Coming Soon: Damage-Detecting Disaster Drones?

flying drone with camera on the skyWhat if you could use a remote-controlled drone to spot critical damage after a disaster? The technology could be available sooner than you think.

Doug Stowe, a geography professor at San Diego State University, is working on a federally-funded project to develop flying drones equipped with cameras and GPS to take aerial photographs of sites, creating a map of critical infrastructure areas — including bridges, dams, and power plants.

Then, after a disaster event, the drone could be sent up again to take pictures of the precise, GPS-tagged location. The pics would be sent to a program that would detect which damages might be of immediate concern, helping emergency crews prioritize their response.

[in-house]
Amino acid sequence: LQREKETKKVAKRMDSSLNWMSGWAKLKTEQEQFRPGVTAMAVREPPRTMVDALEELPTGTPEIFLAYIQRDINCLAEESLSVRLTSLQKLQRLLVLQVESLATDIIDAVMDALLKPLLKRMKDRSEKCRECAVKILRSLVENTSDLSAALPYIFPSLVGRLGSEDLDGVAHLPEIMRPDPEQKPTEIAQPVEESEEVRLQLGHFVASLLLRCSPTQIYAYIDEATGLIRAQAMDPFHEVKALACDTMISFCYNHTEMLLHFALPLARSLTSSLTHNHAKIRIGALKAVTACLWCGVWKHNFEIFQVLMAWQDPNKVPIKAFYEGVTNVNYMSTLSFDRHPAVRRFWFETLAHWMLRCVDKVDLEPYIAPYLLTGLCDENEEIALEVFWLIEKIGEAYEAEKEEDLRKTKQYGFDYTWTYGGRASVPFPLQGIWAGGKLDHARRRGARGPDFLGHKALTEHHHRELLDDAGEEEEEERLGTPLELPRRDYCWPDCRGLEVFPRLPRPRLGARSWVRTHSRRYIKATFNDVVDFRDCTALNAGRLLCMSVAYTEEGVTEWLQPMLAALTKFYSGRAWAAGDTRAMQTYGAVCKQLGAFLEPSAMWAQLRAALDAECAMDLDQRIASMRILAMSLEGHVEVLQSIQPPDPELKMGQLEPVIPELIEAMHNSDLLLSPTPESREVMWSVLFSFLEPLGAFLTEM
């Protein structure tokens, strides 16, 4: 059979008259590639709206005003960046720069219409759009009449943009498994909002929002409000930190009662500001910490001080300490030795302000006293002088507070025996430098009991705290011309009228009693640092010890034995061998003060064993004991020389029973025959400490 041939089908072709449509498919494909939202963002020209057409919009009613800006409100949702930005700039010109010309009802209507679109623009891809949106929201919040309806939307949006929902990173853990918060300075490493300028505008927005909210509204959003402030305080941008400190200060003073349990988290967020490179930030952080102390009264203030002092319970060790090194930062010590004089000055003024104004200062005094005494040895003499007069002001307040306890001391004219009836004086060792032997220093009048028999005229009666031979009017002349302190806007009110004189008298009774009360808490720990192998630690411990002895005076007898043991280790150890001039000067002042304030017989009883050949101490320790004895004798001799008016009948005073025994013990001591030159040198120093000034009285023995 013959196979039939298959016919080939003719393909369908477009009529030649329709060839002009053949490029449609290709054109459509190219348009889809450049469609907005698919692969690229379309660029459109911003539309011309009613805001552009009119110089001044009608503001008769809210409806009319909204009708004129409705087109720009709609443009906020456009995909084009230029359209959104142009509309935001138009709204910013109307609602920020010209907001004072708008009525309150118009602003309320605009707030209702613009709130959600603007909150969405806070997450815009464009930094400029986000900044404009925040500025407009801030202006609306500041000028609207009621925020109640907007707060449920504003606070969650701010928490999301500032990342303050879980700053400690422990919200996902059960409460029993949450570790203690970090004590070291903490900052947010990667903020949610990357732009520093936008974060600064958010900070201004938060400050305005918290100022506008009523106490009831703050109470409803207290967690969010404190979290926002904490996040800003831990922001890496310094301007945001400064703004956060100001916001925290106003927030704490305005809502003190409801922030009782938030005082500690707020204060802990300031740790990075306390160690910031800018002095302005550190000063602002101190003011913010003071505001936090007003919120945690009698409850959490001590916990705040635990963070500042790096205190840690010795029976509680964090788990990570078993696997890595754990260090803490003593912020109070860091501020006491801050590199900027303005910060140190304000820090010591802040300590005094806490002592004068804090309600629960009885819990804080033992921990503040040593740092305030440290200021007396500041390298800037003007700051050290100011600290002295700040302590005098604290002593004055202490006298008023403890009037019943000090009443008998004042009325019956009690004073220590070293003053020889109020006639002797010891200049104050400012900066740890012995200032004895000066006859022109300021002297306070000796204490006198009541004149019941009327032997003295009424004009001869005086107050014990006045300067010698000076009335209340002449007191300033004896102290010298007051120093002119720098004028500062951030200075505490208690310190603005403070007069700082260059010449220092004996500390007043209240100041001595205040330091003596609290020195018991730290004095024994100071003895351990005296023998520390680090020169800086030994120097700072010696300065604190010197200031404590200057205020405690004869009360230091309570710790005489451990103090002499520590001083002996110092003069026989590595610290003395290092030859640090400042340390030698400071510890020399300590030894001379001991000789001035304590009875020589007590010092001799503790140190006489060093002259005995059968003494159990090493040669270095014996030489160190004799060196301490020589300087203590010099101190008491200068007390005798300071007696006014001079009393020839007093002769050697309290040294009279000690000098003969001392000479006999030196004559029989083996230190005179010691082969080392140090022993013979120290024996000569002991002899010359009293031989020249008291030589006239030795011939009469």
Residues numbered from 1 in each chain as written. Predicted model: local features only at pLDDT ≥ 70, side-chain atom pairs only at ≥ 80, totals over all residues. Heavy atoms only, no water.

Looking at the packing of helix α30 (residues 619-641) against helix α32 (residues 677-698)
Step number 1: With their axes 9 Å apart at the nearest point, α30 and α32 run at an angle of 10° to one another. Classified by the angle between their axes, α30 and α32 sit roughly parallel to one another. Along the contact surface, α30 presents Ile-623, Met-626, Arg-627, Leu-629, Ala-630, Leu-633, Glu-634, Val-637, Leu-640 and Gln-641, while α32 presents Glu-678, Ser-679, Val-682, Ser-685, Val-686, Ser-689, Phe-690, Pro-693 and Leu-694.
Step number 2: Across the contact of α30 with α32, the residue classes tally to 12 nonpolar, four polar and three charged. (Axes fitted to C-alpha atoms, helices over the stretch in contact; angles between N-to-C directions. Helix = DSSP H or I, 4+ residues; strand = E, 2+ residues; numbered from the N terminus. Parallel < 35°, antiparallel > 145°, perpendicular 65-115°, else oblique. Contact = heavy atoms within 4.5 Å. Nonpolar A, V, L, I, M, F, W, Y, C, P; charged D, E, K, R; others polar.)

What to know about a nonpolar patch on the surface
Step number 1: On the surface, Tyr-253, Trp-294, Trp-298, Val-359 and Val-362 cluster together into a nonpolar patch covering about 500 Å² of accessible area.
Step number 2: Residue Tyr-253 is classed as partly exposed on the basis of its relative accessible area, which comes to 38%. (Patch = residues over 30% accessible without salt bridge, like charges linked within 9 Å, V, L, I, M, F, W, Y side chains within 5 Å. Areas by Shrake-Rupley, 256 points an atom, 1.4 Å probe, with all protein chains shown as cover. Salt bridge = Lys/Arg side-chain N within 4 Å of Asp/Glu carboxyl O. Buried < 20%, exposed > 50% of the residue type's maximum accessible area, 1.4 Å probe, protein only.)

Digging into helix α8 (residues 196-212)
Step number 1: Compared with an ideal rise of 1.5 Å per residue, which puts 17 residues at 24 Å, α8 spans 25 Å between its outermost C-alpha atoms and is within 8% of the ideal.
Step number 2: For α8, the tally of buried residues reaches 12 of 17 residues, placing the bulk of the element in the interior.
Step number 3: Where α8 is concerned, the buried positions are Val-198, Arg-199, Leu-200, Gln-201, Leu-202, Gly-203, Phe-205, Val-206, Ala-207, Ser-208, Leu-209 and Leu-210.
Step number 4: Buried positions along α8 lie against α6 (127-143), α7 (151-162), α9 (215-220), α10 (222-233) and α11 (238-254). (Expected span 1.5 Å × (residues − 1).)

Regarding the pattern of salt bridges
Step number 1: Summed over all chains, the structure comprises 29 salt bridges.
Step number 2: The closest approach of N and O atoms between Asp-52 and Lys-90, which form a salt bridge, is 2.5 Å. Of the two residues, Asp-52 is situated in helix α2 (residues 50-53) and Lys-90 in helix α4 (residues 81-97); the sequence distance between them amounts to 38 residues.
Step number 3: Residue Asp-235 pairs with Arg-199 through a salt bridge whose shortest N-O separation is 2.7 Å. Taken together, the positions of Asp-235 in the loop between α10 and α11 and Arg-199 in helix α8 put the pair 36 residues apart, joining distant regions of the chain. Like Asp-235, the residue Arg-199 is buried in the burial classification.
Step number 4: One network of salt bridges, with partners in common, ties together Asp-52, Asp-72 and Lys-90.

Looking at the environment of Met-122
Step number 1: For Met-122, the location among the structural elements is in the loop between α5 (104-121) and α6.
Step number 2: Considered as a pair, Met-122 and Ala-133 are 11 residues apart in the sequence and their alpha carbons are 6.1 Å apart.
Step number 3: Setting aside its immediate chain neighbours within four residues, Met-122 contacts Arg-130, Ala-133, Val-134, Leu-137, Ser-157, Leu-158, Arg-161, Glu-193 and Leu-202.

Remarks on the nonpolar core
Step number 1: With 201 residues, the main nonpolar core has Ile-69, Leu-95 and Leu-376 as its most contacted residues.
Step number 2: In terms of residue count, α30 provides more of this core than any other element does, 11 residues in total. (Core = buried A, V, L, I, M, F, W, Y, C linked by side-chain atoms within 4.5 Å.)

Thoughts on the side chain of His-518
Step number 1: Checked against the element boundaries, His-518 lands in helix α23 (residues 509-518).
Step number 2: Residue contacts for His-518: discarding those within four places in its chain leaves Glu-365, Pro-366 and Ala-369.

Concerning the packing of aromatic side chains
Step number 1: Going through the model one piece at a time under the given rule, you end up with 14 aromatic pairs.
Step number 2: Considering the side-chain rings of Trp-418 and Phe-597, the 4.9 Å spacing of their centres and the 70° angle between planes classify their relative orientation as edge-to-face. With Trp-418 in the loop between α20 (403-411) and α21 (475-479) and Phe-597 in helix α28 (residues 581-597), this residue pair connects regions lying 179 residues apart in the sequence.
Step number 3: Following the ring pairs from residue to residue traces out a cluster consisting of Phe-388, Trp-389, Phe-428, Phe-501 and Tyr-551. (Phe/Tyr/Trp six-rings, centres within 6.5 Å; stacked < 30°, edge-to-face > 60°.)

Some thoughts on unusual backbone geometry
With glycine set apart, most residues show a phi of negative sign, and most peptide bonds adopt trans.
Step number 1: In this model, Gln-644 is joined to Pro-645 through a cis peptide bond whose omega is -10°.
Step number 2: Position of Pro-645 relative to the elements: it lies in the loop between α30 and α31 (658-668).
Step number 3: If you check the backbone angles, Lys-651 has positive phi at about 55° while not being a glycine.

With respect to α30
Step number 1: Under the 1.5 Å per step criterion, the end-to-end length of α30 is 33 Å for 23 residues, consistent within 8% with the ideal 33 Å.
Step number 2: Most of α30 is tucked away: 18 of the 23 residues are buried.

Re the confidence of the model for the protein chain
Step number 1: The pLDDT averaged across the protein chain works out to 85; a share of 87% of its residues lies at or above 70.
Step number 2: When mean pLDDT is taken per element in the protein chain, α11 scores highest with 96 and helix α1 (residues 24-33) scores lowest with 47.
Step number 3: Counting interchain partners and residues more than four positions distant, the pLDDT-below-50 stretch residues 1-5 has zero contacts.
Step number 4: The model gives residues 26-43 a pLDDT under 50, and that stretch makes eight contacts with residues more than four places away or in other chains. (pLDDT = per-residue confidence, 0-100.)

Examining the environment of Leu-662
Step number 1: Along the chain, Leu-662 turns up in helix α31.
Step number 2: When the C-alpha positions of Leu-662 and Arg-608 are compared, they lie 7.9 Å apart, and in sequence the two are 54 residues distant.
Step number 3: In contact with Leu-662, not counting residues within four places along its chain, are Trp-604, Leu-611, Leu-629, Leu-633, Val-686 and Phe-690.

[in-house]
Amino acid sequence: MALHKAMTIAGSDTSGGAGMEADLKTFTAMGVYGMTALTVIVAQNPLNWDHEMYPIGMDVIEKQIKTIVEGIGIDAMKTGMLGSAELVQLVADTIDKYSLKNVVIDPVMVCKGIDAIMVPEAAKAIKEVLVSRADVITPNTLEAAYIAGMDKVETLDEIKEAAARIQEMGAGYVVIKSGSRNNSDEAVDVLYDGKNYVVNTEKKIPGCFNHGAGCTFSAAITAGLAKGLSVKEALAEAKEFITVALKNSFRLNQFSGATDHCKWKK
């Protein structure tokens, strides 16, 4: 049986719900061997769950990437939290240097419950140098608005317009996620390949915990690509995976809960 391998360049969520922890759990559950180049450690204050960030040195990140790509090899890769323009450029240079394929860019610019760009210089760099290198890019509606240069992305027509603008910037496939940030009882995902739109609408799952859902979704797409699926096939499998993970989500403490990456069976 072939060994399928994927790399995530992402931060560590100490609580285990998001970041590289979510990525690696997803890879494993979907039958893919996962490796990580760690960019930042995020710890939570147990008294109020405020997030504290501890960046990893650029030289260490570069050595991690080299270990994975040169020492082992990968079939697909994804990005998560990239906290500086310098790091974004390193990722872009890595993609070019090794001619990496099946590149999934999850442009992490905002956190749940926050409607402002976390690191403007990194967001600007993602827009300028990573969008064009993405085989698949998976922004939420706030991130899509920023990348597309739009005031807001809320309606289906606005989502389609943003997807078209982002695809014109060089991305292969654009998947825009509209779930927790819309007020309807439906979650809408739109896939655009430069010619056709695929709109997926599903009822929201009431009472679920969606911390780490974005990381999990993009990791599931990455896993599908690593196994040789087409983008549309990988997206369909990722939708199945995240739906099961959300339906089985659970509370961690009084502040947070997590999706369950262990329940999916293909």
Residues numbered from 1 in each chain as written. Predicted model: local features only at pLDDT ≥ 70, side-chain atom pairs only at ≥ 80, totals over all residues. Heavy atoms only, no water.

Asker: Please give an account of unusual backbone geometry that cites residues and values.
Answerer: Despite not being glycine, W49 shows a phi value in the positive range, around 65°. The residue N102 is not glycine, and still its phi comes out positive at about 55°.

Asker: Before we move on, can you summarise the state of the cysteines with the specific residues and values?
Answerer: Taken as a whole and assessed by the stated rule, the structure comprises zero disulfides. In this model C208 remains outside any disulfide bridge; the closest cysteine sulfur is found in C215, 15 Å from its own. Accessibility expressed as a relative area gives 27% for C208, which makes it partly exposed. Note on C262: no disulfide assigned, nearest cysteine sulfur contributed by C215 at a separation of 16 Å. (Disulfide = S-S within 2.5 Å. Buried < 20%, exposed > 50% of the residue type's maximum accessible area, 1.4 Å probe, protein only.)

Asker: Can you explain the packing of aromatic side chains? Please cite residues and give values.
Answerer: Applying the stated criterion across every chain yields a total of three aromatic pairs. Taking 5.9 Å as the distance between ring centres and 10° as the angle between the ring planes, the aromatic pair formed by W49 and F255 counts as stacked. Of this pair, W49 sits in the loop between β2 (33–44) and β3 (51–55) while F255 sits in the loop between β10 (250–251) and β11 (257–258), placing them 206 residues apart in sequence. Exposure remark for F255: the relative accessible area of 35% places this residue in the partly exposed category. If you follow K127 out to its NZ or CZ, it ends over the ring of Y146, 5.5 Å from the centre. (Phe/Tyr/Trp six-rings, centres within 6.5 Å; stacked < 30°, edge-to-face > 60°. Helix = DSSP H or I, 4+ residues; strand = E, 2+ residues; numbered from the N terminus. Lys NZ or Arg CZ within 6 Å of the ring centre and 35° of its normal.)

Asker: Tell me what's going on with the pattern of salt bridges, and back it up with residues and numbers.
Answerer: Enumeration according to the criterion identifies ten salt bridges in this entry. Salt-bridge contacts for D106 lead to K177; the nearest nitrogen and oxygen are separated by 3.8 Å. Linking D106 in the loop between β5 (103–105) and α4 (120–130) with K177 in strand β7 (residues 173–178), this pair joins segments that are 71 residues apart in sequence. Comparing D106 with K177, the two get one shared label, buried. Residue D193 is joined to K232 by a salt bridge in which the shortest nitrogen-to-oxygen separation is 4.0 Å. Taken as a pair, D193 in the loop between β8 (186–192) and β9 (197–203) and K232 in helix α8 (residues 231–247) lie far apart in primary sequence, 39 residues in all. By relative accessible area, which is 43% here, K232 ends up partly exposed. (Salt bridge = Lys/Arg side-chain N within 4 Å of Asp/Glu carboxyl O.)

Such maps have other uses, too — in southern California in particular, they could be used to predict areas that may be threatened by a wildfire, or in agriculture, to help monitor vast crop fields.

A project like this might have been unthinkable only a few years ago — but since then, drones, GPS, and aerial imagery have come a long way (and become more affordable, too)!

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